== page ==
"Immigration issue yanked off GOP agenda"
Newsday has a report (link) similar to, but not as good as, the one in the previous post:
Even as Michael Bloomberg heralded New York's diversity Monday, President George W. Bush's controversial plan to put in place a temporary worker program is getting no major billing at the Republican National Convention.
The party's platform that was formally adopted by delegates at the Republican National Convention Monday briefly mentions Bush's call for granting temporary legal status to millions of undocumented workers. The proposal, viewed by many as a bid to woo growing ranks of Hispanic voters, met fierce opposition from party conservatives almost immediately.
"It seems very clear to us that the White House got the message. There just does not seem to be very much of an appetite there to pursue this," said John Kelley, a spokesman for the Center for Immigration Studies, a non-partisan think tank on immigration issues. "Is any single speaker going to mention the "I" word? I don't think so."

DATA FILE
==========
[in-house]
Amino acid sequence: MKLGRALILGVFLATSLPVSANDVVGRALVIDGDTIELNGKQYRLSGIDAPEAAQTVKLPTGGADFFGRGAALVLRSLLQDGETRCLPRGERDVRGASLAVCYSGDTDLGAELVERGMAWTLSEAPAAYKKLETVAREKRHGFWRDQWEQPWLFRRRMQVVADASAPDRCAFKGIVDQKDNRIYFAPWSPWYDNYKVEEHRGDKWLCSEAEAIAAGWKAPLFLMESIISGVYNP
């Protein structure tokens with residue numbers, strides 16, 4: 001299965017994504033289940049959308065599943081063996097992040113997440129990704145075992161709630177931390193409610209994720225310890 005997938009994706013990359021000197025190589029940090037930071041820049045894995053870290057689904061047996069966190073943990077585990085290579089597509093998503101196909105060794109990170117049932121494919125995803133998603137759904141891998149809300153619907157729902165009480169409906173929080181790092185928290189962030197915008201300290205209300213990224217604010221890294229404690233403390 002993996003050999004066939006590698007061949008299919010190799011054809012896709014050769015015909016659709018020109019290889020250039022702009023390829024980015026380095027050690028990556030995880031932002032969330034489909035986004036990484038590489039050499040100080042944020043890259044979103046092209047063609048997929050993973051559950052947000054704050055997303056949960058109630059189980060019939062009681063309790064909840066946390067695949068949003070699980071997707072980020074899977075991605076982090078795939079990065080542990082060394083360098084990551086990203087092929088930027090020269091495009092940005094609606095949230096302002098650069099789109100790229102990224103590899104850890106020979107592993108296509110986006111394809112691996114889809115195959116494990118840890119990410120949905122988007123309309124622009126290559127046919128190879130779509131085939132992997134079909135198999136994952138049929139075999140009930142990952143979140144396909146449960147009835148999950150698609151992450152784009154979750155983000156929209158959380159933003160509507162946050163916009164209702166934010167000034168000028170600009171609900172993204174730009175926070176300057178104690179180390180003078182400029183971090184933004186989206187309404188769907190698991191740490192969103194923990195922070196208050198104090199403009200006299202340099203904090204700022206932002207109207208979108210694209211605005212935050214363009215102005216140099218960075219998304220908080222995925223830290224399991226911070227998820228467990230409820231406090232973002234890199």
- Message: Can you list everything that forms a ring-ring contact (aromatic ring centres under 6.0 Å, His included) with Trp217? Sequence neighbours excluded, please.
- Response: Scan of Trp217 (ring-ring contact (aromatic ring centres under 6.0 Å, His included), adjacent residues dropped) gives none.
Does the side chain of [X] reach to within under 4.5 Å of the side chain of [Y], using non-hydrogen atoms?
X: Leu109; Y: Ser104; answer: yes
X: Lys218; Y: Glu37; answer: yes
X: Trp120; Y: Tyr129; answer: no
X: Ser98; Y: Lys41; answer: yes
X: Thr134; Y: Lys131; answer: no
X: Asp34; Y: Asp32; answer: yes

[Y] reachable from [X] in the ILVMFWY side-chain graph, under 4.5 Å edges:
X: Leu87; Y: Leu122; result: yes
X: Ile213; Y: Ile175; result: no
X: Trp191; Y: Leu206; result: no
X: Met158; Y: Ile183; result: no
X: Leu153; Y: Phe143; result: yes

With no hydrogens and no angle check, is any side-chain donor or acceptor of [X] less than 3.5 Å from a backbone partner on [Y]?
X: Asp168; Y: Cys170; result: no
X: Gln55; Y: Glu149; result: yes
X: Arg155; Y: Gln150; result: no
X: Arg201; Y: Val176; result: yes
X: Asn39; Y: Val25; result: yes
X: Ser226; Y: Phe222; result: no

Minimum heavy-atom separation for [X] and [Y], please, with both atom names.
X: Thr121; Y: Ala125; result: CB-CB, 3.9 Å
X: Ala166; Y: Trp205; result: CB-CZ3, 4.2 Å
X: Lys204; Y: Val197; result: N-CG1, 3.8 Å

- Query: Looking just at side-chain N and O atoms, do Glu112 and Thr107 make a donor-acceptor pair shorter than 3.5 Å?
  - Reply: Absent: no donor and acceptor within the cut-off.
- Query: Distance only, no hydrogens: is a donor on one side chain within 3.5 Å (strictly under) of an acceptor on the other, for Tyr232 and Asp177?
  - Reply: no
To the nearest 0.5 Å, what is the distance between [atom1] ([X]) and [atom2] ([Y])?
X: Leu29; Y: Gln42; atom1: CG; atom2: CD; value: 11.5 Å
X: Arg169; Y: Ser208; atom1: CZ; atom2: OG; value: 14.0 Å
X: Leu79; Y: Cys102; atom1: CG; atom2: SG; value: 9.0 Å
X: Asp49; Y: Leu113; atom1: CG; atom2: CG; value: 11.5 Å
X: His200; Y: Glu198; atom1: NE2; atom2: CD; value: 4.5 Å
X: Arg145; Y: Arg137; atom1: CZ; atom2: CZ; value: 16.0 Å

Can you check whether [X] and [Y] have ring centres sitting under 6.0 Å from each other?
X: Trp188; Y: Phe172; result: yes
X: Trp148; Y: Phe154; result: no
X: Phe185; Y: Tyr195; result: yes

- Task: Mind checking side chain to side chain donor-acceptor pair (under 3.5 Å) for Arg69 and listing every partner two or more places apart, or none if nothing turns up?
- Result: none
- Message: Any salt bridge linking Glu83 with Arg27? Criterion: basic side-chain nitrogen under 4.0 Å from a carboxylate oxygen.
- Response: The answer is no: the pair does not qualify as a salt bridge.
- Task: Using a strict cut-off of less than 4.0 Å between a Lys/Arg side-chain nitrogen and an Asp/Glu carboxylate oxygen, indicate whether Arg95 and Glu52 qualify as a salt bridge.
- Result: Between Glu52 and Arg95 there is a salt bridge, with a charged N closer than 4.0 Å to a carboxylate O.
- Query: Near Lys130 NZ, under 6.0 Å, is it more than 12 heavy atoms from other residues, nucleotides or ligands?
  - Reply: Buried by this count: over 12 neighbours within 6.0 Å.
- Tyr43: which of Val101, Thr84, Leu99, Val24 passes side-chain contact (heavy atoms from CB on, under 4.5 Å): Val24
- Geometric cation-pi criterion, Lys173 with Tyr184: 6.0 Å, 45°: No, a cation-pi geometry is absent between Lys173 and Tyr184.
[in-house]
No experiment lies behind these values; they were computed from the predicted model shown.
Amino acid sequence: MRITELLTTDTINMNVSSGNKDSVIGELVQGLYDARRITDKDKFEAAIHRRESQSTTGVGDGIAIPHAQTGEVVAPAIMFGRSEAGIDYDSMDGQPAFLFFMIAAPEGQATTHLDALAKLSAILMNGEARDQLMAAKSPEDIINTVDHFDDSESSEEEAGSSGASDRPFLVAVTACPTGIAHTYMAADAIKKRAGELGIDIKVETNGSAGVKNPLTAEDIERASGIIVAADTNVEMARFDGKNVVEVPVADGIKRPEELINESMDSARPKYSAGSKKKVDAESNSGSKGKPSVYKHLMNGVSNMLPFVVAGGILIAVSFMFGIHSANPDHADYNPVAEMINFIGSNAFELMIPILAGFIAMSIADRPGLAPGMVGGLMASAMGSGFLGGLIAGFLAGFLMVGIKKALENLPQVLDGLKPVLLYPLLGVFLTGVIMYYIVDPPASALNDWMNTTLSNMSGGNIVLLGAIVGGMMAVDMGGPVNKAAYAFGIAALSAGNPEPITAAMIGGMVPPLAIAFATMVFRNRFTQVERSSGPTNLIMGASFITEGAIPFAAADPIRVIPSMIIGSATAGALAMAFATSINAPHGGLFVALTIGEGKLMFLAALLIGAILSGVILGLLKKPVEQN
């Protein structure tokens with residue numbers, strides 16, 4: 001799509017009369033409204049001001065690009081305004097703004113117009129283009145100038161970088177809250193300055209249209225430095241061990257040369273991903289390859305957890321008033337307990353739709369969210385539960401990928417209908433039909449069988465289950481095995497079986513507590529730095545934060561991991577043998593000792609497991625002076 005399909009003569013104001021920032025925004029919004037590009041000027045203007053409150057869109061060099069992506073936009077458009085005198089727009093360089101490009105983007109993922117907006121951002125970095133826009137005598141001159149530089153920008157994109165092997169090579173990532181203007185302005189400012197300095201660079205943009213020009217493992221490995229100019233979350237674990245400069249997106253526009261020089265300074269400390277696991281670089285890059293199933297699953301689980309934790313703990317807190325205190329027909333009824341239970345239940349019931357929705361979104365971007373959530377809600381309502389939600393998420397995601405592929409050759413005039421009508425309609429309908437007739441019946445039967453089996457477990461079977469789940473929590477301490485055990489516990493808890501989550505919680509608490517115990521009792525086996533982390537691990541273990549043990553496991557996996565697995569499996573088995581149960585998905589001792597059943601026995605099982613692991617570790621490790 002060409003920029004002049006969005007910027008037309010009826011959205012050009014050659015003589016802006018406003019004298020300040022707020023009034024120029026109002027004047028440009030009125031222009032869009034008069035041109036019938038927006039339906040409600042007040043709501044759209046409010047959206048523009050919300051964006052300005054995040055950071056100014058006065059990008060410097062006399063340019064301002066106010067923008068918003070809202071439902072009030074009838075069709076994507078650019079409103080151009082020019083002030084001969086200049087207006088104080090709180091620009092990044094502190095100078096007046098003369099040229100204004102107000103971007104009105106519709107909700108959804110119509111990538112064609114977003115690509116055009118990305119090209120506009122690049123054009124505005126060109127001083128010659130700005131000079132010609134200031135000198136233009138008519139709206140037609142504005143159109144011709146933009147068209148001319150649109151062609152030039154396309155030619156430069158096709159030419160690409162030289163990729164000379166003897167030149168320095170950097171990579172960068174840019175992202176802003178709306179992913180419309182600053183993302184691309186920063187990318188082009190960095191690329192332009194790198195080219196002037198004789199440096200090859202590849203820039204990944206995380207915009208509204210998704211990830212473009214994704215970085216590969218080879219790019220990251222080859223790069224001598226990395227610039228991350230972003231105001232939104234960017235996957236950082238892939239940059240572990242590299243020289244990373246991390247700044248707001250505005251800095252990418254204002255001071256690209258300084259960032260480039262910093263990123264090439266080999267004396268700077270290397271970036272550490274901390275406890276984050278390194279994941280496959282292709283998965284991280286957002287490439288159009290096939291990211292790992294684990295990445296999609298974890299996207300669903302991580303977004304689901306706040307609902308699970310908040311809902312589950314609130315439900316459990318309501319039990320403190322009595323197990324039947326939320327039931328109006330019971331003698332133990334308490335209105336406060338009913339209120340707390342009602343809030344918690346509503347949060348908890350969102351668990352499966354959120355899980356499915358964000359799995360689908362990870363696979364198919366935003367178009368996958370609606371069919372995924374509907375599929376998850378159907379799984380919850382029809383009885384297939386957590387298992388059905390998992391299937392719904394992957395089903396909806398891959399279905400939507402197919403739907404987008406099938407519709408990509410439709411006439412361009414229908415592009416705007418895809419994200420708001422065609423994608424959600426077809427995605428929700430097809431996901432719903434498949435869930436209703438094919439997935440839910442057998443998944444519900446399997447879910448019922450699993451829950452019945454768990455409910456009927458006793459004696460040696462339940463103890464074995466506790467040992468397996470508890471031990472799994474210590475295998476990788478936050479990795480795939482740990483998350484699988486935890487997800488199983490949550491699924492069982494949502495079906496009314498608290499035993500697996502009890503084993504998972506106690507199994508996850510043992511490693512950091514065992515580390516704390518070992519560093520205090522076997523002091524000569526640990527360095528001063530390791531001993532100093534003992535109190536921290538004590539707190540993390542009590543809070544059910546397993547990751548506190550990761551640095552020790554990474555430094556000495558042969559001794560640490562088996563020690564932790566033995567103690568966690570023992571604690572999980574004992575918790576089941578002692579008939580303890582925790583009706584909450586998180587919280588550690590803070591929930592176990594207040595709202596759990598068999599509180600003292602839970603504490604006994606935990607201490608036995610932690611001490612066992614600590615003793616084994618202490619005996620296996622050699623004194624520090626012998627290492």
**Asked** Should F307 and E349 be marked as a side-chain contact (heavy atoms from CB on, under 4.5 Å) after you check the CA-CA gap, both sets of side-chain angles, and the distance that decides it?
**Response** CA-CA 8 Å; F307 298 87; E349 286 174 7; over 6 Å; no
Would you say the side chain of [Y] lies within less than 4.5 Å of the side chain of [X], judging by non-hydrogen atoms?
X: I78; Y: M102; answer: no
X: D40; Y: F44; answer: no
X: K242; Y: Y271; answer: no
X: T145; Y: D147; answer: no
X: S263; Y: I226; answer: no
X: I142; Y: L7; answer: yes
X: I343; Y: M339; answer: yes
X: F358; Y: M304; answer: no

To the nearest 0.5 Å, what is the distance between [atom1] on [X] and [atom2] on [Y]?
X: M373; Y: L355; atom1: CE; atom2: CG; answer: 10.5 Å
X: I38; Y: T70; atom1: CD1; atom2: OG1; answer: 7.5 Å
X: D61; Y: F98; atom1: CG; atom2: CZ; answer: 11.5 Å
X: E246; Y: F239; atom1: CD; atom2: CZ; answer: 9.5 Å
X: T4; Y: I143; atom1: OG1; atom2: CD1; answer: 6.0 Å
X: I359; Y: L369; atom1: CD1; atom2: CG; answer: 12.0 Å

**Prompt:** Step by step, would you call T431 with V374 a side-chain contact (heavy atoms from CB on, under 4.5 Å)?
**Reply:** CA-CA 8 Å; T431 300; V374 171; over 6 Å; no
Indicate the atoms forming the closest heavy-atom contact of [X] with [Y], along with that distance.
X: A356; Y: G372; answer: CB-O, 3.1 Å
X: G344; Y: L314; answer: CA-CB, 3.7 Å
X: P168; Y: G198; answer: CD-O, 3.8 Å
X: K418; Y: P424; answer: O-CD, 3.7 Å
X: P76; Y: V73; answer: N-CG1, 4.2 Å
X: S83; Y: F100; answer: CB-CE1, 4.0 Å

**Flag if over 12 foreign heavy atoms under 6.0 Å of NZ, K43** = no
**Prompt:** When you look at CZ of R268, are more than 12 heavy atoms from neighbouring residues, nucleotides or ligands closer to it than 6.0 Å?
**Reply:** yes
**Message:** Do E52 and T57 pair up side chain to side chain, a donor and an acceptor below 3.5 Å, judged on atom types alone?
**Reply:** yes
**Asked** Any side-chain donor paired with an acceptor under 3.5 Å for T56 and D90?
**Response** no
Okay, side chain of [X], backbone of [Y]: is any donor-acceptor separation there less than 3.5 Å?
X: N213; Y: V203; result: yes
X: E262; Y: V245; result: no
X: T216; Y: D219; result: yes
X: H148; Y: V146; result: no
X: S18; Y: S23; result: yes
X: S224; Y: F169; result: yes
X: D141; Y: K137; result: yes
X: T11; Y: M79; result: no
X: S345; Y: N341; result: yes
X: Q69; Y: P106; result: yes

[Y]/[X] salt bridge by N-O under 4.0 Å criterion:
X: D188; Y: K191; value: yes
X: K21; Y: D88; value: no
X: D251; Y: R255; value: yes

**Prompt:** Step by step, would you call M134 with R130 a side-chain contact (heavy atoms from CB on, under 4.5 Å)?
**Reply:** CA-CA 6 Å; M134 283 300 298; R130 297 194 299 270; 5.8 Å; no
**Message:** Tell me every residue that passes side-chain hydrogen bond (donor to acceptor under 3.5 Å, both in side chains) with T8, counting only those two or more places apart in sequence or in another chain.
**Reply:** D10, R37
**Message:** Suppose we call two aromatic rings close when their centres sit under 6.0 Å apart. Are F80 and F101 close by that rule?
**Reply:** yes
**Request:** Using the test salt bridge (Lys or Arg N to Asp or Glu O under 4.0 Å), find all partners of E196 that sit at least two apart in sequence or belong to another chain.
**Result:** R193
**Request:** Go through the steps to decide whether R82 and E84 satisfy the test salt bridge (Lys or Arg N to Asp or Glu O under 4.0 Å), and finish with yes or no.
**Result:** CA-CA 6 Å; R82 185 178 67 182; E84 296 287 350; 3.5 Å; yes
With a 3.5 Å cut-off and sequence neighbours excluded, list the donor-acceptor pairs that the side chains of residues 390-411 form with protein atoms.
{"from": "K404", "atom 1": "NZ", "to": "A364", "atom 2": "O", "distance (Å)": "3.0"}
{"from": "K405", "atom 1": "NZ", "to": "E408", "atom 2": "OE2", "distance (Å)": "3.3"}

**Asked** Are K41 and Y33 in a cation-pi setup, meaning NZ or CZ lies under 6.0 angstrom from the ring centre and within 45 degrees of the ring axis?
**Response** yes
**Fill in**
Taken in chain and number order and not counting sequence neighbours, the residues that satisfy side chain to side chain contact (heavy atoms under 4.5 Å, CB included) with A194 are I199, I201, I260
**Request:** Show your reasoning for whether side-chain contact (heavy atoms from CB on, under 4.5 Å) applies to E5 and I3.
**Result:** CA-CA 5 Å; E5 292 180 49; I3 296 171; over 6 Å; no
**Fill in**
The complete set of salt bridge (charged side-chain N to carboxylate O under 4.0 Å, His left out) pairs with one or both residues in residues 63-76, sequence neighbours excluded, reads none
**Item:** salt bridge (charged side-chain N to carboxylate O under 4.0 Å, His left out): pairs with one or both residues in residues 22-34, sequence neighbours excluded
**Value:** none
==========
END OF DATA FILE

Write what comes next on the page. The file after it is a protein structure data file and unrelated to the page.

...In unveiling his proposal on Jan. 7 to kick off the election year, Bush gave no details and urged Congress to come up with specific legislation. The White House has since done little to advance the issue.
Apparently Newsday hasn't been watching the news. The Bush administration has made its generally Open Borders positions quite clear, even if it hasn't stressed the amnesty plan.
UPDATE: See also the Denver Post's "Unbowed, Tancredo keeps pushing immigration issue" (link). It includes this double helping of Kool-Aid flavored doublespeak:
"The Republican Party is our nation's majority party and represents individuals with many different ideologies," said Danny Lopez Diaz, Bush campaign spokesman for the Southwest region. "The president's ... balanced approach to reform will help create a safe, humane, orderly and legal program that meets homeland security needs and that of our 21st-century economy."
It's also opposed by the great majority of American citizens, but who are they to complain?